Sunday, March 04, 2001
Poetry slams attract young fans
By Jenny Callison
HAMILTON It's poetry's sporting event, a kind of aerobic word-fest. And it's growing in popularity, particularly among young adults and teens. Butler County's third annual Poetry Slam takes place March 13, and the competition will be stiff.
It's performance poetry, with judges chosen at random from members of the audience, said Paul Thoms, spokesman for the Riverbank Poetry Project, which presents the event. It's judged in Olympic style, with judges holding up numbers from one to 10.
Each performance is rated not just for the poem, but for presentation and audience response, Mr. Thoms explained. High scorers contin ue to a final bout where a champion emerges.
IF YOU GO
What: Riverbank Poetry Project's Poetry Slam. |
When: 7 p.m. March 13.
Where: Fitton Center for Creative Arts, 101 S. Monument Ave., Hamilton.
Slam Master will be Bruce Rich, a local poet who's made the rounds of other poetry slams.
Poetry slams began in Chicago and have become popular nationwide. Marc Smith, an originator of such competitions, advised the Riverbank Poetry Project on format and guidelines for its first read-off two years ago.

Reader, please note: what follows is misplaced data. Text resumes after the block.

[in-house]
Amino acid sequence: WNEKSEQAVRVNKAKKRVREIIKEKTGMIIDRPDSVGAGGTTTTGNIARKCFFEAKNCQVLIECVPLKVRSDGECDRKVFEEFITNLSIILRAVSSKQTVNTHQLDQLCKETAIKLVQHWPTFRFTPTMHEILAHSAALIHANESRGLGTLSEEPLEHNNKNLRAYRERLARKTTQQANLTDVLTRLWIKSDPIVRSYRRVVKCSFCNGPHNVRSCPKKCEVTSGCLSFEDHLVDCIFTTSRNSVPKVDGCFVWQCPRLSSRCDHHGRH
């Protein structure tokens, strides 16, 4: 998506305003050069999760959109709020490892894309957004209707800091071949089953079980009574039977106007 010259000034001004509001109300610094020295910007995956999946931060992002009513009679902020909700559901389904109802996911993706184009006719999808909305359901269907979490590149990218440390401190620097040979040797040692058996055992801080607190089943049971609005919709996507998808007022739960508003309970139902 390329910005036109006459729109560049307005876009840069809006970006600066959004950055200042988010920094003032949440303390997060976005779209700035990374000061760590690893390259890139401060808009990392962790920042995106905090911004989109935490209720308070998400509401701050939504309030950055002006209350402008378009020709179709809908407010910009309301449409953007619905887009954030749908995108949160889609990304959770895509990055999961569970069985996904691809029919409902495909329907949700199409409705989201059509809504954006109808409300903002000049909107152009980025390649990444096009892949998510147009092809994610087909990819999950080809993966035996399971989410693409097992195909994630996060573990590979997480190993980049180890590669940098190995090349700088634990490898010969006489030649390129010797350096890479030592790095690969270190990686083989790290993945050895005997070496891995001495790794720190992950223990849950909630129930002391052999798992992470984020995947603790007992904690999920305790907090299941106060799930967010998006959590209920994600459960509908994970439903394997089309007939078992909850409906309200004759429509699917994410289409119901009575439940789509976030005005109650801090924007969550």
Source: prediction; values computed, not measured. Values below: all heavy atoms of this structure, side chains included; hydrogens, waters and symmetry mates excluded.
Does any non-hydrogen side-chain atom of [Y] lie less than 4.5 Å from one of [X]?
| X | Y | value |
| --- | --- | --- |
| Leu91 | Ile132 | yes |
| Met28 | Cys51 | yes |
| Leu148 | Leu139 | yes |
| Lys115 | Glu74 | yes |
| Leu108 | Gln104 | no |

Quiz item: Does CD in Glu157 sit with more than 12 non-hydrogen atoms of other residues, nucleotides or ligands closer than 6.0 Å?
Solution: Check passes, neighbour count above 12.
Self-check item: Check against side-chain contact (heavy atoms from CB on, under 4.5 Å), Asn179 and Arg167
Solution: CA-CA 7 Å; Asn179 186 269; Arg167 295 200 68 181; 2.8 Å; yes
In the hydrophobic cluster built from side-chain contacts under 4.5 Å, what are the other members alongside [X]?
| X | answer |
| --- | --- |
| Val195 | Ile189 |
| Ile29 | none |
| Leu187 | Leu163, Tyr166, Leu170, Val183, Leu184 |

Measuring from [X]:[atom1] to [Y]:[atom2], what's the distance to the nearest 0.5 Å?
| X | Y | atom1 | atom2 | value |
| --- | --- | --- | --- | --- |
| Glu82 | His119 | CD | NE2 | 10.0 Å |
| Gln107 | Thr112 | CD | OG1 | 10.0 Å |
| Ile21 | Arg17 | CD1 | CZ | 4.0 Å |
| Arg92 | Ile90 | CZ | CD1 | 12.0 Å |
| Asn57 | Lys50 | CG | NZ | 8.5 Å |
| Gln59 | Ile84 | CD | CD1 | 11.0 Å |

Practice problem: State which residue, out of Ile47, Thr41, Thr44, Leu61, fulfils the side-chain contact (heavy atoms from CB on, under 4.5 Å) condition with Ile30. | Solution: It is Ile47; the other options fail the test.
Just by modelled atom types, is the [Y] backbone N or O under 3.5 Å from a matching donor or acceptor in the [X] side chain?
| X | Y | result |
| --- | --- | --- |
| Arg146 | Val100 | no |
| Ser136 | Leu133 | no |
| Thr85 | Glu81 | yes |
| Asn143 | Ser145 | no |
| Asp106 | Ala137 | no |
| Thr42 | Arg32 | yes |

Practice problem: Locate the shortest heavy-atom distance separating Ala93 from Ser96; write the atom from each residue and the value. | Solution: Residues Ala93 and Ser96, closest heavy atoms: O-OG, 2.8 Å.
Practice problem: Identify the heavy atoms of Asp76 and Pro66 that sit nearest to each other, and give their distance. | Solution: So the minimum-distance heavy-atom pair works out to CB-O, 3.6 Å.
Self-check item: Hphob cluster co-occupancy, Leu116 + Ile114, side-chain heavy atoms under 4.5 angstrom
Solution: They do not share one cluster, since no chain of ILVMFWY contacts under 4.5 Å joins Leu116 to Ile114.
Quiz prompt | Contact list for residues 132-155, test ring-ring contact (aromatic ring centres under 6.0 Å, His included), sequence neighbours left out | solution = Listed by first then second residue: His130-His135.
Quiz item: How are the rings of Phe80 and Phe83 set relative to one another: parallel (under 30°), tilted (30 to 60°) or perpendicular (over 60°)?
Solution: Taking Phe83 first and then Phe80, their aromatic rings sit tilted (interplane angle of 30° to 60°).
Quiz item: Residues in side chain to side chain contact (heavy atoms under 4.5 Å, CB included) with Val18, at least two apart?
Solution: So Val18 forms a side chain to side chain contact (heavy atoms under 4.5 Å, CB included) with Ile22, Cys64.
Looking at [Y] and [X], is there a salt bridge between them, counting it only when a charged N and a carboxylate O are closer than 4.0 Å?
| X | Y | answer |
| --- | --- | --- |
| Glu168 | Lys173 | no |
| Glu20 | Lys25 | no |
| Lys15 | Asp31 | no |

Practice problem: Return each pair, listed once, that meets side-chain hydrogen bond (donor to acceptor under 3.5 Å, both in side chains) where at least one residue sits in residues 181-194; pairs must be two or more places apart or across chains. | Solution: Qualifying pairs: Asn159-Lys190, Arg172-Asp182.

Mr. Thoms expects a crowd at the Slam, which will be held at Hamilton's Fitton Center for Creative Arts. Since Riverbank Poetry Project was launched in 1998, its monthly open-mike reading sessions have found a growing audience, notably among young people.
In poetry circles, six to 10 people at a reading is not a bad turnout, Mr. Thoms said.
We've never been below 30. Our average attendance is about 60, and we sometimes reach 100. I think we're successful because of the variety we offer, and the fact that we go to different locations.
Other groups have also seen an upswing in poetry interest.
The West Chester library has sponsored several Teen Poetry Coffeehouse sessions this year and found a ready audience for the events.
They have been well-received by the kids, said Sharon Kolatalo, the young-adult section librarian. Our last coffeehouse, in January, was scheduled the night of a big snowstorm and two high-school basketball games. We still had a roomful. The time before that, we had 115 people in a room with a fire code of 100.
The library is planning two coffeehouse sessions in April, which is Poetry Month. One event is designed for young people in grades 7-9, and a second for grades 9-12. Ninth-raders may come to either event.
Poetry sessions are preceded by a half-hour of jazz and refreshment, then students take over the microphone.
What has really amazed me is the depth of their poetry, Ms. Kolatalo said. It's expressive and emotional, and it addresses issues of concern to young people. The kids are receptive to each others' work.
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